Now if a person does not want to be sold, he can tell that persistent salesman, “Go away. I don’t want to buy your product.” In which case, the salesperson really has come to a temporary dead-end. Certainly, he or she can try again with different tactics or, if personal visits and telephone calls are unwelcome, can write a letter.
The reporter has more options. The reporter rebuffed by the primary source can turn to secondary ones. Following this route generally will produce enough information to get at least a sketchy story about the prime source – namely, your company. Then the reporter will go back and say, “I know this much now. Why not tell me the rest?”
It’s at this point that the principal editor often gets a call saying, in effect, “Get this person off my back!”
In a few rare instances I’ve felt an editor was over-zealous and suggested that he or she cool it a little. More often, though, it’s a case of a reporter just doing a good job – and I’ve said, “Keep at it.”
The moral of the story: The simplest thing for a company to do is answer questions or make it clear early on that it won’t. But don’t expect the persistent reporter to walk away from a good story. It’s his or her job to hang in there until the reporting’s done.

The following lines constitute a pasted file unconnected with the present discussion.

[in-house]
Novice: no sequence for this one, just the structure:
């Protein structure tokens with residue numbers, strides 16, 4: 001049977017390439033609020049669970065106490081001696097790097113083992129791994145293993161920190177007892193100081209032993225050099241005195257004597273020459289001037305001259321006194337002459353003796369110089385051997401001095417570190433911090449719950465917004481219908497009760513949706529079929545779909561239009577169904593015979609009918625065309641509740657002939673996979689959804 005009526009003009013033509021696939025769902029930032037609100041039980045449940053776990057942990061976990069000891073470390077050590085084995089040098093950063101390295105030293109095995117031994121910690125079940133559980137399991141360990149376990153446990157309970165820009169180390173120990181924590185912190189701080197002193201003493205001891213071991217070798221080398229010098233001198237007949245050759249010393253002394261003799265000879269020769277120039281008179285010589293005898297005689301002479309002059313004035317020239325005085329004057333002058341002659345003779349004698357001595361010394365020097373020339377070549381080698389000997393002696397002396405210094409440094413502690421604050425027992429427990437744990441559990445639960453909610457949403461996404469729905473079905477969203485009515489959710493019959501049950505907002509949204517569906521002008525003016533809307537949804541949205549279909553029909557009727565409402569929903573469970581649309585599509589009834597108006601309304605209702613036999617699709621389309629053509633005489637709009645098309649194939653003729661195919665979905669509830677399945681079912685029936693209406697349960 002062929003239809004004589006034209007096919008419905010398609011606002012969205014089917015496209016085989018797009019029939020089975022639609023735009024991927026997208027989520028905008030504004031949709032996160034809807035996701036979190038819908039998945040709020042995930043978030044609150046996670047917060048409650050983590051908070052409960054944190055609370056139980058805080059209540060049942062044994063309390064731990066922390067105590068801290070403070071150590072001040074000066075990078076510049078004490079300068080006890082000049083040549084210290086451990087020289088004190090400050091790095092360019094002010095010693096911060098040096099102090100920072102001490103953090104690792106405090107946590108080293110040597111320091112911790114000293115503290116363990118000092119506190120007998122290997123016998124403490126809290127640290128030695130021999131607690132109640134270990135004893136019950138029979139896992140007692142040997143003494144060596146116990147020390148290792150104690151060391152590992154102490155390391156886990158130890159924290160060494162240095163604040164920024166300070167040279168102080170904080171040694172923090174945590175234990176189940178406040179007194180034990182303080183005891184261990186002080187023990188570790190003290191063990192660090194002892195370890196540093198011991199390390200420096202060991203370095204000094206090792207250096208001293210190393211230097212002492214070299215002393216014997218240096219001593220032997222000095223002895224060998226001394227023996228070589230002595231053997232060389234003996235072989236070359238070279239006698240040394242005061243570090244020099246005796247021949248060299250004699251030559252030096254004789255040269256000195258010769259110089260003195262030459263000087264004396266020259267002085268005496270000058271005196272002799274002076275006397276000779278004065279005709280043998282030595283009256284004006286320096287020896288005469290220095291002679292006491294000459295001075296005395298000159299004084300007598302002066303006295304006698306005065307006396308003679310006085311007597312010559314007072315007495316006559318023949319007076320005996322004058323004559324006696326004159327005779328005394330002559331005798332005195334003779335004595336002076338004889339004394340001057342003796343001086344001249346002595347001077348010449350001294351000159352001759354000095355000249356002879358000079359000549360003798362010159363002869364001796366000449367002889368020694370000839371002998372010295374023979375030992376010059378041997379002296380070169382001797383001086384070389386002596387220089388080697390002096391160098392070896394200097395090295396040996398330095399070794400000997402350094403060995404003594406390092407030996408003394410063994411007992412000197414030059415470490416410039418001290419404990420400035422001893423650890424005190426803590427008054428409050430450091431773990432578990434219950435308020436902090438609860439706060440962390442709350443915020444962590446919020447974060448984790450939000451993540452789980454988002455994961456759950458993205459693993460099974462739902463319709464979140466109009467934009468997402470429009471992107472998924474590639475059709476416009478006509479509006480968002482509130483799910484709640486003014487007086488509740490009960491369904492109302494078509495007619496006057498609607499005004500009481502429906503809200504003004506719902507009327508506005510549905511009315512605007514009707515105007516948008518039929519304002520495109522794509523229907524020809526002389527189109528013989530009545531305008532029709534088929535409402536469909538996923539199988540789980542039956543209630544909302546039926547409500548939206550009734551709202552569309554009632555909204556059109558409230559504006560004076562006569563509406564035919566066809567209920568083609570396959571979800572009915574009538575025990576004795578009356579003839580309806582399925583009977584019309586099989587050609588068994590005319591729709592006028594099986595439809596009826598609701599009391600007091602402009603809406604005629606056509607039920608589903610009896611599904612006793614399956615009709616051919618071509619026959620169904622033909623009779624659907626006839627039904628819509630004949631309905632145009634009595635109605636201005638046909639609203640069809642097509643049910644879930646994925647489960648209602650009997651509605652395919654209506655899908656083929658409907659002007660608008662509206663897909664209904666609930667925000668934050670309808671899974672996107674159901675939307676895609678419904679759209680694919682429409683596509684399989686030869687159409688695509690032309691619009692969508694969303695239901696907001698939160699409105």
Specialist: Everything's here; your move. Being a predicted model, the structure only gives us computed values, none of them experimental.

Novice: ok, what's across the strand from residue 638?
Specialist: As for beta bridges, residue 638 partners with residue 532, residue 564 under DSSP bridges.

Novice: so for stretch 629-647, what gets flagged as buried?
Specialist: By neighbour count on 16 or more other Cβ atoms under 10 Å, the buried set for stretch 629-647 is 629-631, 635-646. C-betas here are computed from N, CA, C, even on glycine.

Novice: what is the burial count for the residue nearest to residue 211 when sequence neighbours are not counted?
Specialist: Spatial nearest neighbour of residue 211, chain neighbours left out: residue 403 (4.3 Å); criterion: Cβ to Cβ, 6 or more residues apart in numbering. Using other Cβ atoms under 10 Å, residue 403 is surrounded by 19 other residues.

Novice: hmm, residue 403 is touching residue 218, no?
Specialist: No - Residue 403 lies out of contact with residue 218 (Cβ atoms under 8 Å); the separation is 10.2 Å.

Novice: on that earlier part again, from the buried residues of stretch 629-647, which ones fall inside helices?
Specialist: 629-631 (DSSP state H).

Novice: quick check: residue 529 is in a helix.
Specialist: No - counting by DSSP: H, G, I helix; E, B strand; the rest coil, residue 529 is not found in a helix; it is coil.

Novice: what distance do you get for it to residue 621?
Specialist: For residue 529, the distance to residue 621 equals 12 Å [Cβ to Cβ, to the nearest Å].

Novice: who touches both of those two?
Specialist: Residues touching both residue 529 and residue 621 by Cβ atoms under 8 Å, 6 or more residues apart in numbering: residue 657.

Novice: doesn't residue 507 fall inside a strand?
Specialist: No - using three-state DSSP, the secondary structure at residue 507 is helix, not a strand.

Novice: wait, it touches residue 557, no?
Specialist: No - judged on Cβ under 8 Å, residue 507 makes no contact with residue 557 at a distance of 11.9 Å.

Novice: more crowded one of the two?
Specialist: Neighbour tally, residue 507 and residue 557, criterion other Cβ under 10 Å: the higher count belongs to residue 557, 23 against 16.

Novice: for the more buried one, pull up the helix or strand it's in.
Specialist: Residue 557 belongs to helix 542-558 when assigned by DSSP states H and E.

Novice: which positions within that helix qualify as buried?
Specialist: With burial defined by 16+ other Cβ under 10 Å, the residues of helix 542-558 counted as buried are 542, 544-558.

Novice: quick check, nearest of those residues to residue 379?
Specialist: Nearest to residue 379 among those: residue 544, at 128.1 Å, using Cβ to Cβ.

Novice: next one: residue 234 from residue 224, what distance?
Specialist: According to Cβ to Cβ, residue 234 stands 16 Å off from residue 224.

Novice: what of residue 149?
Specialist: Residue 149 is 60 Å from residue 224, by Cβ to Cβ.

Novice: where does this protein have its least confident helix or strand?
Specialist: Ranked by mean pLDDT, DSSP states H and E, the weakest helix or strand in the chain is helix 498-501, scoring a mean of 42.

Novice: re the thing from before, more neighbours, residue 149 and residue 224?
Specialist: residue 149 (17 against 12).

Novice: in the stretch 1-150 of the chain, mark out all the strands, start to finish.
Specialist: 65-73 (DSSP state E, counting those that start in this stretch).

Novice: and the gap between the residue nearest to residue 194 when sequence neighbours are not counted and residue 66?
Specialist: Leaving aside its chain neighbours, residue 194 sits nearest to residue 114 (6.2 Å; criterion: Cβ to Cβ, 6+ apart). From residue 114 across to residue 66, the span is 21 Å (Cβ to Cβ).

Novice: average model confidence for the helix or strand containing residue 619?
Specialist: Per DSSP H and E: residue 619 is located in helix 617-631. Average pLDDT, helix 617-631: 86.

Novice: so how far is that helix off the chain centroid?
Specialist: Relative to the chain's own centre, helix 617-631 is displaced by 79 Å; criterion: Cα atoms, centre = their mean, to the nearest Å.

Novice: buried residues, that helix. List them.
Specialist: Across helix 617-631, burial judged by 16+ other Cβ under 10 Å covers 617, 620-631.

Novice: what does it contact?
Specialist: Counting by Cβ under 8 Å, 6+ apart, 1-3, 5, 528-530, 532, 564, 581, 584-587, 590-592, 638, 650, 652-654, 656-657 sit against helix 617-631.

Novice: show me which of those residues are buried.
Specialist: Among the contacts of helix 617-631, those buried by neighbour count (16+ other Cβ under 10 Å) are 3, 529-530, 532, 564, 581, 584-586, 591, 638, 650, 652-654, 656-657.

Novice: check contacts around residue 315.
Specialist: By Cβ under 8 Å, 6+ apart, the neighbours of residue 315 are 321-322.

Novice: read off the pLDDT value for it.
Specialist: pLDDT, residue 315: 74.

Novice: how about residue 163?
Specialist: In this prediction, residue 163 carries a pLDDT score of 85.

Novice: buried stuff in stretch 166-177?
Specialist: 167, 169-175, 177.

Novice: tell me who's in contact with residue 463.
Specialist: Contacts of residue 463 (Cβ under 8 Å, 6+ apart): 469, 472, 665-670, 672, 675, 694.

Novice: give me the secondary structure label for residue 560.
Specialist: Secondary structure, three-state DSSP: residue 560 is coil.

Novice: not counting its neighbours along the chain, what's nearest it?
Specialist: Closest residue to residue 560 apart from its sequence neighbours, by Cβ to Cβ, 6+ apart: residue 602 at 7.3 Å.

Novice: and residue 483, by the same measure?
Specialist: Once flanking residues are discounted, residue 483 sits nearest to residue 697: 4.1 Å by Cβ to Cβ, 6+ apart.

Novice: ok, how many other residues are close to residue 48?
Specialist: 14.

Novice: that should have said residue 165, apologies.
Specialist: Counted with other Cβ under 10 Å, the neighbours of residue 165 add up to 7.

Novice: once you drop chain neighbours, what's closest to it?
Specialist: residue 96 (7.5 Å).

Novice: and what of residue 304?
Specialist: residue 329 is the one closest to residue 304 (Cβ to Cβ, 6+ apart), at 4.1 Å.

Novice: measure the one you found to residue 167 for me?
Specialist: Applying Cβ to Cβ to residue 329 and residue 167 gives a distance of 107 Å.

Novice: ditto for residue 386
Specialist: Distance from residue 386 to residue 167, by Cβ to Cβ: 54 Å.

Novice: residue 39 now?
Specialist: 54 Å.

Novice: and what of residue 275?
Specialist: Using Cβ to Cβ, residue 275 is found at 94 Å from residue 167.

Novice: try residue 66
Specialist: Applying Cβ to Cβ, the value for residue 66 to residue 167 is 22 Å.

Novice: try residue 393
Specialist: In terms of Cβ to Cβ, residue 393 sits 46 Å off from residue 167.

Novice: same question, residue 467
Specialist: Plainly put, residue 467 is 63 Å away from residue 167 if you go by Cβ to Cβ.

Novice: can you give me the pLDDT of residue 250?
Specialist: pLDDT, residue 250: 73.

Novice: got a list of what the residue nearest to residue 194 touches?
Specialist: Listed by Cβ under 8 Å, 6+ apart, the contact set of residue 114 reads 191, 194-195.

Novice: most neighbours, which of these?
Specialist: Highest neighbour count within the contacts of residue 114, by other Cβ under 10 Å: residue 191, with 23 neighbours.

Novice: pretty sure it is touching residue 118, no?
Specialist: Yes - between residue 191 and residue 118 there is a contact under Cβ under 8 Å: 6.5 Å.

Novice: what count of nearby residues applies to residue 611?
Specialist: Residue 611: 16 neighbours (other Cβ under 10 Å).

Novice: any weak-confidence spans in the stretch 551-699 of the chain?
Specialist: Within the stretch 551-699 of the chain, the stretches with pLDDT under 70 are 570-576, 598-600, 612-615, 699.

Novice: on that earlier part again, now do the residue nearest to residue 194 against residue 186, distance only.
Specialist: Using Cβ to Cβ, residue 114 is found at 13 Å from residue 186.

On or off the record: If you grant an interview, assume from the beginning that anything you say is on the record. Don’t be surprised to see your comments in print.
Remember, too, that if you’re going to set ground rules you must do so in advance. It’s no good telling an editor a lot of inside stuff about your company and then saying, “Of course, that’s off the record.” It’s not, unless specified before you said it.
What are some of the ways to meet your needs and the interviewer’s on this issue?
Chances are no editor will want to do an interview that’s totally off the record unless you’re providing important background information which can be used without identifying the source.
True background briefings are common and welcomed by most editors. But they still prefer to identify sources to give credibility to the information they put in their articles. Thus, in an interview, you’ll probably be pressed to speak for the record.